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Polar Bear Trophy Hunting 2010

Tell your CITES Delegates of Canada, Russia, Norway, Japan, and the European Union to support the U.S. proposal to give Polar Bears Appendix l protection. End the trophy hunting of Polar Bears and the trade in their skins and parts.

Polar Bears are hunted down and killed every year to supply the international trade in polar bear skin rugs. This must end.

Once every three years, delegates from 175 countries meet to decide the fate of dozens of species of animals and plants that are traded internationally. On March 13-25, 2010, delegates will assemble in Doha, Qatar, for the 15th meeting of the Conference of the Parties to the Convention on International Trade in Endangered Species of Wild Fauna and Flora (CITES), where the fate of the Polar Bear will be decided, among African and Asian Elephants, Sharks, Tigers, the Bobcat, and other animals, birds, and reptiles.

At stake is nothing less than the continued existence of critically endangered species, as well as bringing an end to the international trade of threatened species at risk of becoming even more imperiled.

The United States has submitted an important proposal to the CITES delegates asking that Polar Bears be given CITES Appendix 1 protection, which means NO trade at all in Polar Bear parts. The Polar Bear is currently listed on Appendix II of the CITES, allowing for the hunting and trading of his parts. Canada is killing hundreds of Polar Bears and trading their skins on the international market AND the European Union is the largest importer with Japan the biggest buyer.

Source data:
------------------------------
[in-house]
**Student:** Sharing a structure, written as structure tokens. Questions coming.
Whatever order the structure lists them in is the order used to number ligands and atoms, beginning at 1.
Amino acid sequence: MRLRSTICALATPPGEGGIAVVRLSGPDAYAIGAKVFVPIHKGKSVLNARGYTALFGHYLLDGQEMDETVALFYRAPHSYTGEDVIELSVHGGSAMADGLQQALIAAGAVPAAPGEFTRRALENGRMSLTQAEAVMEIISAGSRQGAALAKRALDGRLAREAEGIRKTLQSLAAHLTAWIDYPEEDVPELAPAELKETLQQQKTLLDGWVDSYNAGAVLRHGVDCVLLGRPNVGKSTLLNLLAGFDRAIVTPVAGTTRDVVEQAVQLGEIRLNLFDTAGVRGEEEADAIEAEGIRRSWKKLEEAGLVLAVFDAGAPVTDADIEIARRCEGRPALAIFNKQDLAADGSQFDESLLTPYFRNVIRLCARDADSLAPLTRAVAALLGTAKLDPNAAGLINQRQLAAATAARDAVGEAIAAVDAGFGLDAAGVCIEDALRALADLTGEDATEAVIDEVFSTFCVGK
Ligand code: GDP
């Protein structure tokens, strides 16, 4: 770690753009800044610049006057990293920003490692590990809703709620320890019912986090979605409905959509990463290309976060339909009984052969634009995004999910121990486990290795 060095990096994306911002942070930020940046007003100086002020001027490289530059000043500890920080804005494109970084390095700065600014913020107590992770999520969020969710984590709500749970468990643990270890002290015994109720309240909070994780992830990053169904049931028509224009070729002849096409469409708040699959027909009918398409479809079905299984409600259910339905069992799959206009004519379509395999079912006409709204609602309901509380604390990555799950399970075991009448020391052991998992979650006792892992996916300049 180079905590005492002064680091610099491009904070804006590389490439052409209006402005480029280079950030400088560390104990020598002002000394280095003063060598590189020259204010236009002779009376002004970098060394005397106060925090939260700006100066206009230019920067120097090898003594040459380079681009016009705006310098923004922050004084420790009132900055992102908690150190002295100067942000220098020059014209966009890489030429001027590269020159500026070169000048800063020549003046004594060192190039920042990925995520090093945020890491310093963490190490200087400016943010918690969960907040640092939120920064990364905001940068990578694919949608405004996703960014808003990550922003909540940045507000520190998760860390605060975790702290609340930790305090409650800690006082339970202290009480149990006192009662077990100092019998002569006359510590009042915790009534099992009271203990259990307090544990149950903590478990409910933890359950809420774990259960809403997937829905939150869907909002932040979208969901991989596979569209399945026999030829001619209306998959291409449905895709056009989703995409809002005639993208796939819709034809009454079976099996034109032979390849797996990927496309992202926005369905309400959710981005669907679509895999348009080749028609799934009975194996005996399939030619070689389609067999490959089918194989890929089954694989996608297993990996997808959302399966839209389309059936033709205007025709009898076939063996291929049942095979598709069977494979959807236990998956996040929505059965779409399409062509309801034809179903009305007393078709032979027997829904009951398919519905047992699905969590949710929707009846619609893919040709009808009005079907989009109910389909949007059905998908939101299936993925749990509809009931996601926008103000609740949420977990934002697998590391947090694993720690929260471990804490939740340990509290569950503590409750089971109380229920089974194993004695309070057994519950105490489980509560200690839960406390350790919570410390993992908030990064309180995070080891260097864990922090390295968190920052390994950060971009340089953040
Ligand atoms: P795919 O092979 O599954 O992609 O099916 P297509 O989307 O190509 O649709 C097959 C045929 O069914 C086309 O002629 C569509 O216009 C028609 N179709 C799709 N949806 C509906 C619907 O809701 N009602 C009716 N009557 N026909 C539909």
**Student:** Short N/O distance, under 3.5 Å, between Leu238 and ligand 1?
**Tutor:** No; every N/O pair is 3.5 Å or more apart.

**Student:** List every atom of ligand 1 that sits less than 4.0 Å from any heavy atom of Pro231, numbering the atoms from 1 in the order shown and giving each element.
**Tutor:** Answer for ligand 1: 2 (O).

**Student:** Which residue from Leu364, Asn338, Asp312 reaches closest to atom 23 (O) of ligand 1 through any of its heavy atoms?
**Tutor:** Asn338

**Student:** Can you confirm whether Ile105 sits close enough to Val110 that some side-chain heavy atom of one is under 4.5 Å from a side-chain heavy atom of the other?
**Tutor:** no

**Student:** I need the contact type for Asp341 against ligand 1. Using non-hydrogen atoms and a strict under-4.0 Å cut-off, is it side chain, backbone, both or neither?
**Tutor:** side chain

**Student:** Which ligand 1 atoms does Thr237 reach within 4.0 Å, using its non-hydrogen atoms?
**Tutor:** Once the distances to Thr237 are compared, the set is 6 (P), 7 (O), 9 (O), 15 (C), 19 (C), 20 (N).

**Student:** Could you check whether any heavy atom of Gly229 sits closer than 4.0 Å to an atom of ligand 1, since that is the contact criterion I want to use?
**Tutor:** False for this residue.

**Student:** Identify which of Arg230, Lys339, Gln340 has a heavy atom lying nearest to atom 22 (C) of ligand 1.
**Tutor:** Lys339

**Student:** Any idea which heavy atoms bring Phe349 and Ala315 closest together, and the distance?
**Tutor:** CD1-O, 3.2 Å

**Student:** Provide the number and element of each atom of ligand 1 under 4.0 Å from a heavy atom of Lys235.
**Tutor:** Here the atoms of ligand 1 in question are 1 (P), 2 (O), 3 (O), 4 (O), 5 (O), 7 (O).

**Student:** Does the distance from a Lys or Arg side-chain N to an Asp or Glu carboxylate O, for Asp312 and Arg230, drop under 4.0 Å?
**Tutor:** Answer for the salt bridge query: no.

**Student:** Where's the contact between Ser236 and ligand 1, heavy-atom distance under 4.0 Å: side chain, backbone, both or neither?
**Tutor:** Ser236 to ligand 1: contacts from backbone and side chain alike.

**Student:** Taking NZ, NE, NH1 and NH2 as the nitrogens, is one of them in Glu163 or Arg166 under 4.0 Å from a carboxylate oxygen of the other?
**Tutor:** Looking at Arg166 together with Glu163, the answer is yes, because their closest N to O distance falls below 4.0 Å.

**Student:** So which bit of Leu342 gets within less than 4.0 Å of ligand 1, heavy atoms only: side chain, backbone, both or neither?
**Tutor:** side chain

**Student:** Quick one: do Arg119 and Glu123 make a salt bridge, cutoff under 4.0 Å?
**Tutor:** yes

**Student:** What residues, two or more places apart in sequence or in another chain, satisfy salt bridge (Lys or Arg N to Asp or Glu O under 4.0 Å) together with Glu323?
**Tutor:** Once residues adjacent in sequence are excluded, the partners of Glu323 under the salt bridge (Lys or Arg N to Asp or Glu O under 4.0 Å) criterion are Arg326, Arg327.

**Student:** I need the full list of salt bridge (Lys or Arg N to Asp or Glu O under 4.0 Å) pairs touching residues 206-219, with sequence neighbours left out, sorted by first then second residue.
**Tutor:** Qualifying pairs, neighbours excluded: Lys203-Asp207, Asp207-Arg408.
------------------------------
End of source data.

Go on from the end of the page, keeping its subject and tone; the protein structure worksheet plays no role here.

The Polar Bear faces many threats from human interest rooted in money and greed. If he does not drown while searching for food on melting thin ice, he is hunted down with dogs and carved up into trinkets.

Tell Canada — home to about half of the global population of polar bears — that they should support the U.S. in giving the Polar Bear Appendix 1 CITES protection, and end the trophy hunting of Polar Bears!

The Obama Administration Upheld the Ban on Threatened Polar Bear Trophy Imports to the U.S. on February 23, 2009. Too bad for the polar bear murderers of the Safari Club -- can't bring your prized Canadian killings into the U.S. to hang as wall ornaments.

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